Note: This is the first part of a two-part series on Progressive Christianity. Next week in Part II I’ll write about my own understanding of what the Gospel is and what the cross means within the context of the Gospel. I’ll also offer, for anyone who wants it, a more scholarly look at theories of atonement focusing on the fact that while many Progressive Christians reject the Substitutionary Atonement theories of what the cross means, they do NOT reject the cross.

I especially encourage you, as I mentioned on Sunday, to “follow your disturbance” (VISIONS) as you read. If something gets to you a bit, makes you feel uncomfortable, please don’t shut yourself down and stop reading. Say a prayer for understanding and peace of mind and read on. If you need to stop and pray again, stop and pray again! Jot down your thoughts and take them to your Group with you. If you want to, send me an email [] or pick up the phone and call (512-291-8601). I’d be humbled and blessed to hear your thoughts and questions.

Progressive Is Not the Key Word – Christian Is

As our Growth Group met for the first time to discuss the guidelines of Progressive Christianity, these questions quickly came up, “Then what does any of it matter? Why even bother with Christianity or call yourself a Christian if anything goes? Why bother with the Bible if everybody’s sacred texts are Scripture? Why go to church?”

I get where those questions came from. They came partly from the articles that comprise the workbook, and partly from Tenet #2: Progressive Christians affirm that the teachings of Jesus provide but one of many ways to experience the Sacredness and Oneness of life, and that we can draw from diverse sources of wisdom in our spiritual journey. Depending on the tradition you were raised in, that statement can sound like blasphemy. Didn’t Jesus say, “I am the way and the truth and the life” and a lot more things like that?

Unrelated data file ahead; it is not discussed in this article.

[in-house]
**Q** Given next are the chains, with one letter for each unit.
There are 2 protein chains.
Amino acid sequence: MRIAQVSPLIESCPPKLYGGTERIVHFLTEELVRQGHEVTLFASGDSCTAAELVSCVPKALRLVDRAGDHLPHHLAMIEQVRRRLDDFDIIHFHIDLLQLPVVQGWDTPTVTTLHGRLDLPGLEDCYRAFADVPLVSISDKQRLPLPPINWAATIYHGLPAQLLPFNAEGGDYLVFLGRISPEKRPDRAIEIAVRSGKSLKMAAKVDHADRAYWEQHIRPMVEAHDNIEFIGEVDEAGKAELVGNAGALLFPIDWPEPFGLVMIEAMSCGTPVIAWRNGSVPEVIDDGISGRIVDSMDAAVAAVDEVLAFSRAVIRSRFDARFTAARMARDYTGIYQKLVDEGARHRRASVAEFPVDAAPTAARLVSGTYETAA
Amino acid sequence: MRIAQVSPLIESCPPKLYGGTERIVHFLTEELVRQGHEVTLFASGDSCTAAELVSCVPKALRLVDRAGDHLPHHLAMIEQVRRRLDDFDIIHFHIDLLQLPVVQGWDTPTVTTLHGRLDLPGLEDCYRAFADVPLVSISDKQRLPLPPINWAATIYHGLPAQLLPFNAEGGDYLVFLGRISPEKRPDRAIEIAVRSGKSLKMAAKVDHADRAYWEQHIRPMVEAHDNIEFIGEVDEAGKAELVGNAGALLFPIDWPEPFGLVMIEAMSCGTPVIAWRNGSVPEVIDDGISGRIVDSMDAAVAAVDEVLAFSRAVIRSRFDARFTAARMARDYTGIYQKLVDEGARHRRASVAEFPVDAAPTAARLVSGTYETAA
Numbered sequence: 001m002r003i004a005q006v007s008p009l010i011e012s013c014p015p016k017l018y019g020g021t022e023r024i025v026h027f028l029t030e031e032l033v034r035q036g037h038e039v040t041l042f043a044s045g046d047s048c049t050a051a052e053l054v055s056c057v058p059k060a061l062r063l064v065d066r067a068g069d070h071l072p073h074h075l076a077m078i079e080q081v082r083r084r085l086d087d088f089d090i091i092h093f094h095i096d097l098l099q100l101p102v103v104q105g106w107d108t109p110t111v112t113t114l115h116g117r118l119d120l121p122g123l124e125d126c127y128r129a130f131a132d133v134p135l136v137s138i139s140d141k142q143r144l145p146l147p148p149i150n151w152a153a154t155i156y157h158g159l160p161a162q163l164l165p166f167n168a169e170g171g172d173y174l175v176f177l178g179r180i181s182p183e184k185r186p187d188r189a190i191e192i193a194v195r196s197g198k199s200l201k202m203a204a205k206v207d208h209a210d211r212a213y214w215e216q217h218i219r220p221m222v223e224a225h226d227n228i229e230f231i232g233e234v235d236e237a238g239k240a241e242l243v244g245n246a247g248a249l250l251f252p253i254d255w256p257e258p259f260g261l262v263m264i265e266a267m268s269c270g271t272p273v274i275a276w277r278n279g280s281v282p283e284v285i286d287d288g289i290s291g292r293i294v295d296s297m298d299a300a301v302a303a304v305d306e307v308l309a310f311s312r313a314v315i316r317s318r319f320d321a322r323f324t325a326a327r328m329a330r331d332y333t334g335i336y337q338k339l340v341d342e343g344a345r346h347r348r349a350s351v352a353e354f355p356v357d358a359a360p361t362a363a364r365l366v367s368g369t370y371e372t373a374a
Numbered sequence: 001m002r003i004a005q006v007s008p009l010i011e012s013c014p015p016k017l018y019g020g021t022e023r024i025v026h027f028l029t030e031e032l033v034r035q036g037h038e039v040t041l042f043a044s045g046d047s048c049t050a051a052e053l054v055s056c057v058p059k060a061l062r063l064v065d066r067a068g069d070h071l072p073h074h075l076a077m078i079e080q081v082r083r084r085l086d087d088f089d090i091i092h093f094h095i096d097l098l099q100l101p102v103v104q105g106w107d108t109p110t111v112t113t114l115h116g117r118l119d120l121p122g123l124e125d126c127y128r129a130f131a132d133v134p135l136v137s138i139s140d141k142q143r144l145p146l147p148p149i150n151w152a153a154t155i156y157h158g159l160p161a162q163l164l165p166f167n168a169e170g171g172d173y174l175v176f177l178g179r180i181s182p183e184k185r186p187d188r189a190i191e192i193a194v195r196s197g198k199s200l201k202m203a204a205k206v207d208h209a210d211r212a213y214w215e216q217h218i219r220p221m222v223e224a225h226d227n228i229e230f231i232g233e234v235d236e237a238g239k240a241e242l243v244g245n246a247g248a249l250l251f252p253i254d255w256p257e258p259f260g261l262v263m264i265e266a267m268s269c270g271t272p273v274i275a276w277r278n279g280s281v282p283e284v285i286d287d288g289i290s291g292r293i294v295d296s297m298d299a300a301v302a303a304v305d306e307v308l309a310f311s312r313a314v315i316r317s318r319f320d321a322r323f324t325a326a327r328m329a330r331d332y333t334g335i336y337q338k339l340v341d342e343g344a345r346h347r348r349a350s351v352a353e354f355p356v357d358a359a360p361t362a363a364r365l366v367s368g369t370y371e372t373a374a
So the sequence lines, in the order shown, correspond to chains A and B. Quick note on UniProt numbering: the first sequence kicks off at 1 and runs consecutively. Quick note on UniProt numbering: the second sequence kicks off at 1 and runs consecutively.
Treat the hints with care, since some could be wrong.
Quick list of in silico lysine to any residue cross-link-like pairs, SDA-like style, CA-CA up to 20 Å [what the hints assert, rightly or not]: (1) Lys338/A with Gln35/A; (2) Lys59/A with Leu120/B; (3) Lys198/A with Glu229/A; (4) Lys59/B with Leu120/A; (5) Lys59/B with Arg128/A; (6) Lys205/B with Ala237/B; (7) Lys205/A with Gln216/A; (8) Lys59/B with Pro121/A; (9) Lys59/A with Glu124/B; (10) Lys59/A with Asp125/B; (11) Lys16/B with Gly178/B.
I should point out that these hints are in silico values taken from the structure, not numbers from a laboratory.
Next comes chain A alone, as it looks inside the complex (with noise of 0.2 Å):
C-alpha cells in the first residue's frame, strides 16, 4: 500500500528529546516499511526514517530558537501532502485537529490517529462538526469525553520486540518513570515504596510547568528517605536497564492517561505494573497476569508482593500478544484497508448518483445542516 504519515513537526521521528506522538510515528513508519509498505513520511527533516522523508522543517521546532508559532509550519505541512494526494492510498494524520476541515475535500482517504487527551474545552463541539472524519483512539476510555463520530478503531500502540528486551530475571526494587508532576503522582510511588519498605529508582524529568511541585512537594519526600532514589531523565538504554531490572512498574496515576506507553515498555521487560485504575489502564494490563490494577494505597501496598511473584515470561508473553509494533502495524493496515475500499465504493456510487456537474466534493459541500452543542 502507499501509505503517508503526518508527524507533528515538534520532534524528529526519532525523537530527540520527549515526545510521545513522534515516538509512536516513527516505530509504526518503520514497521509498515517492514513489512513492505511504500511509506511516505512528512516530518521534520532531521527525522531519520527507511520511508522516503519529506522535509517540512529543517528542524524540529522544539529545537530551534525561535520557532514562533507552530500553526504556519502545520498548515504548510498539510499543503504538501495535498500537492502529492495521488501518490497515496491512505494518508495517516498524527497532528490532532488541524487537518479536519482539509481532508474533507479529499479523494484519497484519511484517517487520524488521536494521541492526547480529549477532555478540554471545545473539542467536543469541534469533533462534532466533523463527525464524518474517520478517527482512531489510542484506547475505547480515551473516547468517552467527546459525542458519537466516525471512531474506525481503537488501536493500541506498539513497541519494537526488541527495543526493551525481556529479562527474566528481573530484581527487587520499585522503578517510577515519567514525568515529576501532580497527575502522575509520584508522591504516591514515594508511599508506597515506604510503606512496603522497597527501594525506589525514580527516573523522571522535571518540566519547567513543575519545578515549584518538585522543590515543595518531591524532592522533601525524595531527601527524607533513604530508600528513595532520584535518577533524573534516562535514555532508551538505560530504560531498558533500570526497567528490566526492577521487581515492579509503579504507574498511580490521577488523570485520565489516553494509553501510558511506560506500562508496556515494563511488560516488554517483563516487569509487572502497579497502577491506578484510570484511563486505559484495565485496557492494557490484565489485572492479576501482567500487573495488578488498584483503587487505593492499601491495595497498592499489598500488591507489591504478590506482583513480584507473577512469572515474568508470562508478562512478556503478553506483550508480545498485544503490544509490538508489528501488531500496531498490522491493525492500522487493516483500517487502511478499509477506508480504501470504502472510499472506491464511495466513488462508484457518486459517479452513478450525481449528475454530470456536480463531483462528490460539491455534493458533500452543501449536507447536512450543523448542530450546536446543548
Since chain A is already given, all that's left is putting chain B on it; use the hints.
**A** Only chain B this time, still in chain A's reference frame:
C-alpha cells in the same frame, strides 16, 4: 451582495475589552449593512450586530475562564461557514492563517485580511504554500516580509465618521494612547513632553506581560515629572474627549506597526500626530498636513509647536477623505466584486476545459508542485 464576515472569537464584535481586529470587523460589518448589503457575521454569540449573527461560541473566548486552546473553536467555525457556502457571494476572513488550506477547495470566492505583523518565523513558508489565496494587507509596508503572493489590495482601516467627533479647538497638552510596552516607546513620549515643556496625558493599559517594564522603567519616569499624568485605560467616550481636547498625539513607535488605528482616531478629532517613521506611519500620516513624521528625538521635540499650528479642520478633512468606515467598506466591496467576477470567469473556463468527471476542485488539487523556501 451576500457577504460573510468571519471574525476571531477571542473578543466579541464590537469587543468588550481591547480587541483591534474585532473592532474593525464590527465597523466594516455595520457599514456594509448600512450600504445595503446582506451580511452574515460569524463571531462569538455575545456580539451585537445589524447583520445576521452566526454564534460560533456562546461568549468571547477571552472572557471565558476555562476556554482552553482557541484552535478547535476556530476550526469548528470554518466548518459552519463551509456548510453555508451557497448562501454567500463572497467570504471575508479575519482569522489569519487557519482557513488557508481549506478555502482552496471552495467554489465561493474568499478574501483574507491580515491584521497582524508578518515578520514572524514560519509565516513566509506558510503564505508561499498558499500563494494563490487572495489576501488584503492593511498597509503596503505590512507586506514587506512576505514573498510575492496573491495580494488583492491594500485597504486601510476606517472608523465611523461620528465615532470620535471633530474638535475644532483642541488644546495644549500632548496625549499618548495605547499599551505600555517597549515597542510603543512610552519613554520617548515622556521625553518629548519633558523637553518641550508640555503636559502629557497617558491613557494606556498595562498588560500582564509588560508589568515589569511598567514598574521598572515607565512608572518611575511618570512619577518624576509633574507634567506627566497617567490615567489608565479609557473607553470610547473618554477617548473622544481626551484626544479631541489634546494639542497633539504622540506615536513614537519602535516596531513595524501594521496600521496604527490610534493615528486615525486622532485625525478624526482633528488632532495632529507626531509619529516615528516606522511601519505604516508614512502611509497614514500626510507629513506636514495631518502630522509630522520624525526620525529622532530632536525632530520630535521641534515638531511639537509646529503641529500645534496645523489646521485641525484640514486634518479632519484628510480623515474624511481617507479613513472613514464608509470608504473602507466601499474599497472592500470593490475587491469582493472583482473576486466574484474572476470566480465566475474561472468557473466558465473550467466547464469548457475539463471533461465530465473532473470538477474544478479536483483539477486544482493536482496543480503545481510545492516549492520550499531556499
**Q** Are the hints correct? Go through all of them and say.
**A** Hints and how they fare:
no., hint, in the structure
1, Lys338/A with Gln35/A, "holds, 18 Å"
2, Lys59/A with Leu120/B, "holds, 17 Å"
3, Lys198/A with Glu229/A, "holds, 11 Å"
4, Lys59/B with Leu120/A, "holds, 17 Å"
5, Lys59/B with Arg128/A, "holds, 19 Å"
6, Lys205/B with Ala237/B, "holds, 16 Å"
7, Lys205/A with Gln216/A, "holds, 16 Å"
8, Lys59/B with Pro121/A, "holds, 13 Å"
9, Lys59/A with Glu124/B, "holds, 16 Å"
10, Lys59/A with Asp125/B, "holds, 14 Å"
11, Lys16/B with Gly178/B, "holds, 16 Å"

I could dedicate the rest of my life to trying to answer that question. I could point out scriptures like John 10:16 where Jesus says, “I have other sheep that are not of this sheep pen. I must bring them also.” I could point out how often our Bible matches the sacred texts of other religions, even seems to draw from other earlier writings, or how much we can learn about peace and compassion and loving others from extra-biblical sacred writings.

But I’ll leave that for your continued study and just encourage you as you investigate Progressive Christianity to start with the first tenet: Progressive Christians believe that following the path and teachings of Jesus can lead to an awareness and experience of the Sacred and the Oneness and Unity of all life.

In other words, Progressive Christianity starts with Jesus. It starts by affirming the validity of believing that Jesus is the Christian’s revelation of God. That we experience God through Jesus.